Historic lion’s head plinth finds a permanent home in Wembley

Julian Tollast, head of masterplanning and design at Quintain (left) poses by the historical plinth

Julian Tollast, head of masterplanning and design at Quintain (left) poses by the historical plinth with Cllr Muhammed Butt - Credit: Archant

A historic lion’s head memento that was saved from the scrapheap last year has been unveiled in Wembley to commemorate the 90th anniversary of the British Empire Exhibition (BEE).

The plinth formed a part of the Palace of Industry, which hosted the BEE, formerly in Fulton Road, before it was reduced to rubble in March 2013 by Quintain, the company behind the current Wembley Park developments, to make way for a temporary car park.

The lion was the symbol for the exhibition which to showcased the best industrial and natural resources the British Empire had to offer - attracting around 27 million visitors to Wembley in 1924 and 1925.

The showpiece was preserved thanks to the efforts of Philip Grant of the Wembley History Society (WHS) who campaigned for it to be put on permanent public display.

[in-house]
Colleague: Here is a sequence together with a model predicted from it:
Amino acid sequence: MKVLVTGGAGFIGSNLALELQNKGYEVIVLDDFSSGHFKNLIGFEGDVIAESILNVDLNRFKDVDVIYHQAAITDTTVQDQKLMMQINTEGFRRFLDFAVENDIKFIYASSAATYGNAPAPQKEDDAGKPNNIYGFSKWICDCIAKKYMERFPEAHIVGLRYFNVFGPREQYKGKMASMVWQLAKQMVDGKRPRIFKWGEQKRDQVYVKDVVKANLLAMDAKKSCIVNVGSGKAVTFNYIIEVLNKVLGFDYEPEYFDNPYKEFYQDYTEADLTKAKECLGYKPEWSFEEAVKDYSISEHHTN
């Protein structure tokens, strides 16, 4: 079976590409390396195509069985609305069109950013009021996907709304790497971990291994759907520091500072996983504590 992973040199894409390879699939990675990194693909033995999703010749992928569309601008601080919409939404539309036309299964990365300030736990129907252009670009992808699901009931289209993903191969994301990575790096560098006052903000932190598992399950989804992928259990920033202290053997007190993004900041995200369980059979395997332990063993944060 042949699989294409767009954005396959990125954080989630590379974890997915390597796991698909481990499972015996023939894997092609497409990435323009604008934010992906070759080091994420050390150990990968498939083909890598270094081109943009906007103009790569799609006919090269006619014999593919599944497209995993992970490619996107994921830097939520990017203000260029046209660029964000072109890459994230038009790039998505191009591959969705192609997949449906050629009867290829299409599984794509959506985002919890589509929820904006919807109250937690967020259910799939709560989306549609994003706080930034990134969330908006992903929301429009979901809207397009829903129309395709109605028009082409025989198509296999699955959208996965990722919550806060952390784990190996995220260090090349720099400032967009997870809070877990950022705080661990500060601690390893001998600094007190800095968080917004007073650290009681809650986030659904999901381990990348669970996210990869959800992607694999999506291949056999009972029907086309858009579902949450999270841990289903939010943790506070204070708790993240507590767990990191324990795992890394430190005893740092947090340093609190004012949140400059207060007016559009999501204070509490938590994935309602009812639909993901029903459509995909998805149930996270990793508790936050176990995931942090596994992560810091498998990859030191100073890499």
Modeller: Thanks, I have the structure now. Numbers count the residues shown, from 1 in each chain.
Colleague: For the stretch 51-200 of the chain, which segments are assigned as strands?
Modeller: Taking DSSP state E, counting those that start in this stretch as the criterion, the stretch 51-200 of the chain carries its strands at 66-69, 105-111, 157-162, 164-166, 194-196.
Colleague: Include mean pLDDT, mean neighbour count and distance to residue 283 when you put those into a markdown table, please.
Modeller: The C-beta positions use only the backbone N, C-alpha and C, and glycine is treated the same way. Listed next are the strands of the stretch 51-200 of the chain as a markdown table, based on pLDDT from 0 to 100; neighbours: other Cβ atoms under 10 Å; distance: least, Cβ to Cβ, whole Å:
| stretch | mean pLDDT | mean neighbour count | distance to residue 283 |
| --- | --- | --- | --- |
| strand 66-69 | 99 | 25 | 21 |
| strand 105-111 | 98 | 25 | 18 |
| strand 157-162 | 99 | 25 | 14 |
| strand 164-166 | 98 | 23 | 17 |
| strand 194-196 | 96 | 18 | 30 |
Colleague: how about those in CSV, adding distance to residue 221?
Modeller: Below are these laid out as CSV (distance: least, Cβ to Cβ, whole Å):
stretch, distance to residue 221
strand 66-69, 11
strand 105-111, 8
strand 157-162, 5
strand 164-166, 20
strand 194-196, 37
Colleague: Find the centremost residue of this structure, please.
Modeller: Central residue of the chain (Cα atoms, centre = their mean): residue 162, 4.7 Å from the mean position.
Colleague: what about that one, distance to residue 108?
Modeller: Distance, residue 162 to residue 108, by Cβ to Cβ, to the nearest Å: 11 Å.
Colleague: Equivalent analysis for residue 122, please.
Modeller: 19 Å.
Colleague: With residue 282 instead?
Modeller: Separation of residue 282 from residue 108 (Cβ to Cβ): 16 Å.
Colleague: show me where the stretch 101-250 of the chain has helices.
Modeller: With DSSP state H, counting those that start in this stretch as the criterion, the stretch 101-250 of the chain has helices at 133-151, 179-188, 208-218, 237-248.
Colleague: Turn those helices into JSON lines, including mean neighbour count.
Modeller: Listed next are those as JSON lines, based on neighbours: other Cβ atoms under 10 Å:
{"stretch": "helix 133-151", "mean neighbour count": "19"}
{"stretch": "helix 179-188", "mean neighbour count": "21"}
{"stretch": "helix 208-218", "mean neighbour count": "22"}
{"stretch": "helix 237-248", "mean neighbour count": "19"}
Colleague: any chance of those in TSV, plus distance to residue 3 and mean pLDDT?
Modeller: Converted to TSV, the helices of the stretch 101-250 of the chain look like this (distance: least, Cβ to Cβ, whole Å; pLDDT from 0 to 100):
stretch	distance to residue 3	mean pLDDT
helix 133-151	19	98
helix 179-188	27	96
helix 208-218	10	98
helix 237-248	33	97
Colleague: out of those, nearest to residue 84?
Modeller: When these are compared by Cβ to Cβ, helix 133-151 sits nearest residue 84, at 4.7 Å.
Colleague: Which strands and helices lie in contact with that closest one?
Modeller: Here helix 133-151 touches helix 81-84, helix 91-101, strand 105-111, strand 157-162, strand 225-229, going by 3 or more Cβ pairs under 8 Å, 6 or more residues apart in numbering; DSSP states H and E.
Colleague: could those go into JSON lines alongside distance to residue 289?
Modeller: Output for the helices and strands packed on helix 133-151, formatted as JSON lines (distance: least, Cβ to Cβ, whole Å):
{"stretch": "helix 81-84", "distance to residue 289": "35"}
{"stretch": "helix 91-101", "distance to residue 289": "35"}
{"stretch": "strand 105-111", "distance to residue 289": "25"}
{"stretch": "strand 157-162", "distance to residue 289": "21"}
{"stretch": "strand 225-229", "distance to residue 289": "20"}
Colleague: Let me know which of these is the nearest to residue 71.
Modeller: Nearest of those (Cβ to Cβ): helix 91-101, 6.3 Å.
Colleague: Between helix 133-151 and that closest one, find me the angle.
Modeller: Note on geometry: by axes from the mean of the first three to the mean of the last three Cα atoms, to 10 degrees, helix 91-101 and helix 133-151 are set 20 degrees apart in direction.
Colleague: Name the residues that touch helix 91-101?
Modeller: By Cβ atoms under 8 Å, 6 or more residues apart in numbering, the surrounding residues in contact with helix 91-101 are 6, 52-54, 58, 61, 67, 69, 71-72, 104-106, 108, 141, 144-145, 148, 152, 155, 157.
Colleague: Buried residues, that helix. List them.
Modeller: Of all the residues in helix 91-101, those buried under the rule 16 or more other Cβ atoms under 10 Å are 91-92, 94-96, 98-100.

The statue was co-funded by the council, WHS, community group the Exhibition Study Group and Quintain.

He said: “The British Empire Exhibition is an event that has brought people to Wembley from around the world 90 years ago ‘to get to know one another better’, and I hope that people in Wembley today from around the world, whether residents or visitors, will enjoy this piece of our heritage from the British Empire Exhibition, and will use the opportunity when they come to see it ‘to get to know one another better.”

Councillor Muhammed Butt, leader of the Brent Council said: “We’re really excited to have this piece of local history carefully preserved and on display for everyone to enjoy.

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